The regulators also let banks know their position on using reserves and buffers during times of stress in the market, and whether that would lead to future penalizations.
Regulators, for their part, said they want to encourage lending.
The Federal Reserve, Federal Deposit Insurance Corporation (FDIC) and Office of the Comptroller of the Currency all released a joint statement saying banks that give credit to low-income Americans who are battling effects from the coronavirus and its economic reverberations would be rewarded. Also, it said that the lending would help a bank’s Community Reinvestment Act (CRA) score.
FDIC Chairperson Jelena McWilliams also asked that a global accounting board let banks hold off on using newer account methods that would make banks estimate future losses on loaning. She said allowing this to happen would help banks focus on lending during the crisis.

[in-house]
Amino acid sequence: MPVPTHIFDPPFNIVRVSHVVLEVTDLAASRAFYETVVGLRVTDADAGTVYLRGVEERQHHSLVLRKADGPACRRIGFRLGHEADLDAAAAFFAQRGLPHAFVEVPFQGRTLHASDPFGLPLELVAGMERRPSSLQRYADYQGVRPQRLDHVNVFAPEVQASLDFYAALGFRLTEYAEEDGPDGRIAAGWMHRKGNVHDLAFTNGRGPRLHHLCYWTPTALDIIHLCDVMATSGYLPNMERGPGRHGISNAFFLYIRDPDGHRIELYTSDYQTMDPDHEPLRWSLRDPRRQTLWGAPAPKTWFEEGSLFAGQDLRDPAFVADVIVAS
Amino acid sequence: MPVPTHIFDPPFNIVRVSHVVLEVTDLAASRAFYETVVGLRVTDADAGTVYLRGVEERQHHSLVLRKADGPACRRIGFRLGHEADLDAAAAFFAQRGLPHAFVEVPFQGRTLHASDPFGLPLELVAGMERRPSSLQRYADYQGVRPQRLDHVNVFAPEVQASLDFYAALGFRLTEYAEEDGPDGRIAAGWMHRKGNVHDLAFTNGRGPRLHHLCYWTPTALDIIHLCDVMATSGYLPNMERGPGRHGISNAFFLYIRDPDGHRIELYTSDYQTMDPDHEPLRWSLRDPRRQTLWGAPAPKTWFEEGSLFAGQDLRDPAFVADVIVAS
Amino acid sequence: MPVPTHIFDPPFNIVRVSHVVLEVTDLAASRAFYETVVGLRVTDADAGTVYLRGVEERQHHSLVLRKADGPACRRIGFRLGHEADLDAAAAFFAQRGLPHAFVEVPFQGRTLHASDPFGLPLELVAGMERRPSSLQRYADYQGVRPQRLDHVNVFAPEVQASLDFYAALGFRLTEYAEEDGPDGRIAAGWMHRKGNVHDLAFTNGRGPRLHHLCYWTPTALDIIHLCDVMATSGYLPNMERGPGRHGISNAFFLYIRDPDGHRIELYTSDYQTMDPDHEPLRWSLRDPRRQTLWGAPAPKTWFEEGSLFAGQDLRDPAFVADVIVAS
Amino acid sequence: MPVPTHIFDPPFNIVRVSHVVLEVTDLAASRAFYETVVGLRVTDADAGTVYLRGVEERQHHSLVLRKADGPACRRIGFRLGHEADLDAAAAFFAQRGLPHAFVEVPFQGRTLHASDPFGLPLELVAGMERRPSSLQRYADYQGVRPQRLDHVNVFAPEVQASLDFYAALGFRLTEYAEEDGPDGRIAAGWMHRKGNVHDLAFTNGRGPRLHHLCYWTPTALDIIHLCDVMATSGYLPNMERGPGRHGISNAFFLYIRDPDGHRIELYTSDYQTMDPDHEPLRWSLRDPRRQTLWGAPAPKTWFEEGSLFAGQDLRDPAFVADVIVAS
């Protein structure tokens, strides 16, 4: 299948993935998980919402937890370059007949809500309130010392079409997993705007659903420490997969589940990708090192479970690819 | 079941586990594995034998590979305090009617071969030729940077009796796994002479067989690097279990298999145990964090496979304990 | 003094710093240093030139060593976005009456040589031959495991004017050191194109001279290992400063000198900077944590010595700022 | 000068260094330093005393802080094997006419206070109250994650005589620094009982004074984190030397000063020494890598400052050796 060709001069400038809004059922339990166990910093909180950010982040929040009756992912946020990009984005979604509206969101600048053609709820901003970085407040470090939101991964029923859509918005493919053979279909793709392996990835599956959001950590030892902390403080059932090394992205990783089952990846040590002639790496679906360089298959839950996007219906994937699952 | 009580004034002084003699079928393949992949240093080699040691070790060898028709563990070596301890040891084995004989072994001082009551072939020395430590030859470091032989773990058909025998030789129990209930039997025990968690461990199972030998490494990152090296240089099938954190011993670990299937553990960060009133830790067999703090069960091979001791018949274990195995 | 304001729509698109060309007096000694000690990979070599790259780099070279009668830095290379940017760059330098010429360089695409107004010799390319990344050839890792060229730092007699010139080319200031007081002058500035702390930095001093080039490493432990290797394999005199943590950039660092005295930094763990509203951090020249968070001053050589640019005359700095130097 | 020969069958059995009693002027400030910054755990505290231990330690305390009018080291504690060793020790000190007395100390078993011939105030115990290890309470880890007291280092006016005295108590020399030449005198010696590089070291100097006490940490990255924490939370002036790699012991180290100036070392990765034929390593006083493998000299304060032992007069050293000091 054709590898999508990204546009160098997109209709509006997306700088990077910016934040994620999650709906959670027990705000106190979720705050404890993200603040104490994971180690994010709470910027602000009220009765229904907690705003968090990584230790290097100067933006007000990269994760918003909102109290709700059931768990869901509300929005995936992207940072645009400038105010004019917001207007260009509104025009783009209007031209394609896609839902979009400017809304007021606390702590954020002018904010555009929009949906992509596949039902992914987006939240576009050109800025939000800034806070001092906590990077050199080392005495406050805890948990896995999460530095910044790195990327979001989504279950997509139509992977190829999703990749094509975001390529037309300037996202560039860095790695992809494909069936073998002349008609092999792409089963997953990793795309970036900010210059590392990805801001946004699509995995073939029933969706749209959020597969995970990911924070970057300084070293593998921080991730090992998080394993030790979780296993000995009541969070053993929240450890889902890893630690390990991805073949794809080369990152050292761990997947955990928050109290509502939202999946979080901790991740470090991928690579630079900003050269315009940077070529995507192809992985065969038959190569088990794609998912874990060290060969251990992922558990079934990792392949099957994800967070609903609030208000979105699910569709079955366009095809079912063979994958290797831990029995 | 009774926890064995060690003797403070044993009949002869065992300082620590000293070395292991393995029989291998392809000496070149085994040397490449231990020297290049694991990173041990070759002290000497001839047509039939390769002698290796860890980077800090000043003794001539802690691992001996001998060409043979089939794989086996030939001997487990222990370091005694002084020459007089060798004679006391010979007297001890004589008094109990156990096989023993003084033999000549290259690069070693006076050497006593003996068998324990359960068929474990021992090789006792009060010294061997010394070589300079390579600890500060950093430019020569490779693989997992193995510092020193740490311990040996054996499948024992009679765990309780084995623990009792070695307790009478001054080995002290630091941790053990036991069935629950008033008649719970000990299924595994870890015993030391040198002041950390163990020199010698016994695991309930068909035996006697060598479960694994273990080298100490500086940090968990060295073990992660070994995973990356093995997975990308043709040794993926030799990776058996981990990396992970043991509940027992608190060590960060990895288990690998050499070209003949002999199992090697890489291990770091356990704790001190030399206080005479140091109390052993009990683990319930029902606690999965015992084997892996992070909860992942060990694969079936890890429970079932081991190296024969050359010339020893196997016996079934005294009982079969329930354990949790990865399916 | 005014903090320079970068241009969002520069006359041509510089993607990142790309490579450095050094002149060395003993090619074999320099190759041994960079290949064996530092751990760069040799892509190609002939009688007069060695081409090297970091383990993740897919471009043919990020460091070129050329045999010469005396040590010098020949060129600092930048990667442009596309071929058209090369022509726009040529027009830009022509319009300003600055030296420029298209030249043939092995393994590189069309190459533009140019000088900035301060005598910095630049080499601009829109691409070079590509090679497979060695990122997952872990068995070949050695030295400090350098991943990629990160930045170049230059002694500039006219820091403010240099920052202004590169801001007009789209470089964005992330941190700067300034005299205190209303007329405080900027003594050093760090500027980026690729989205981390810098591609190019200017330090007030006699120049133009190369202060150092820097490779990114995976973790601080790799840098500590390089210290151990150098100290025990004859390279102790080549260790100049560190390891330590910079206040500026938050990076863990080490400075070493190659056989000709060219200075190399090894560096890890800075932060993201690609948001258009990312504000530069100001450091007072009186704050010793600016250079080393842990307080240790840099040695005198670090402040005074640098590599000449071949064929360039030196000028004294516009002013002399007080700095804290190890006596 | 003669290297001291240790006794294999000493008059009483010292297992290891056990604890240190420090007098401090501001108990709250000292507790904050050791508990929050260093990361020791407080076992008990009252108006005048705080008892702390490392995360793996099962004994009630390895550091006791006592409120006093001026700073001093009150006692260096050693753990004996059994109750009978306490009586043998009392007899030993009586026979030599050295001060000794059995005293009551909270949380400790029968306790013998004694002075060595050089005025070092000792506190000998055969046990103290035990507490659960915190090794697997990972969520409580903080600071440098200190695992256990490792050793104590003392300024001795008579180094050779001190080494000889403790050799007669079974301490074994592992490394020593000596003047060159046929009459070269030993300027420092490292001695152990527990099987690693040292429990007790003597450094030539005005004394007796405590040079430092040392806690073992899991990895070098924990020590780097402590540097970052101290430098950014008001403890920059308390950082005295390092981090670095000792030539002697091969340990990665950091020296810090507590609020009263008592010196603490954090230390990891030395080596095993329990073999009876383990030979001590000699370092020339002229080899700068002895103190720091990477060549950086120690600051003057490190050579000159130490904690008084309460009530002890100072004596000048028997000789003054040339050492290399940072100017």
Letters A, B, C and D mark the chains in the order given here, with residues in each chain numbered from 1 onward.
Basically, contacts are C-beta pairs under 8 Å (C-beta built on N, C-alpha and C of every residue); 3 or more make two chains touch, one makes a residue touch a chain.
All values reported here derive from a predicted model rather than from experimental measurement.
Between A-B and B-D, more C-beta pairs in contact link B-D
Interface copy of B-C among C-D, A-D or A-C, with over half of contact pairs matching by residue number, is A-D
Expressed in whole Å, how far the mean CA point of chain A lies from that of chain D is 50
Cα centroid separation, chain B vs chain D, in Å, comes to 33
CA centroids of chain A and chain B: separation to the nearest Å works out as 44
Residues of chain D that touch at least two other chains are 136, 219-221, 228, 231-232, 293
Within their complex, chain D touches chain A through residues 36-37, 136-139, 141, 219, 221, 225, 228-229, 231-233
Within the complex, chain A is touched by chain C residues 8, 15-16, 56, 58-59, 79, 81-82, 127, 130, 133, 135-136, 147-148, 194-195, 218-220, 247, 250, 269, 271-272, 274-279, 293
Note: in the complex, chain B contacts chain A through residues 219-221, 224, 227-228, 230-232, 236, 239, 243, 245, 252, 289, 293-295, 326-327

Regulators are now asking banks to use their built-up liquidity reserves that were stocked up after the financial crisis.
“These capital and liquidity buffers were designed to provide banking organizations with the means to support the economy in adverse situations and allow banking organizations to continue to serve households and businesses,” they said.
Many banks have been reaching out and asking regulators what would happen if they did below-minimum buffer levels. Banks also have to deal with growing restrictions on things like automatic capital distributions from executive bonuses and dividends to shareholders.
They are also required to hand in liquidity plans to supervisors that detail how a bank will restore said buffers.
The largest banks have about $1.3 trillion in common equity, with an additional $2.9 trillion in liquid assets that are considered high quality.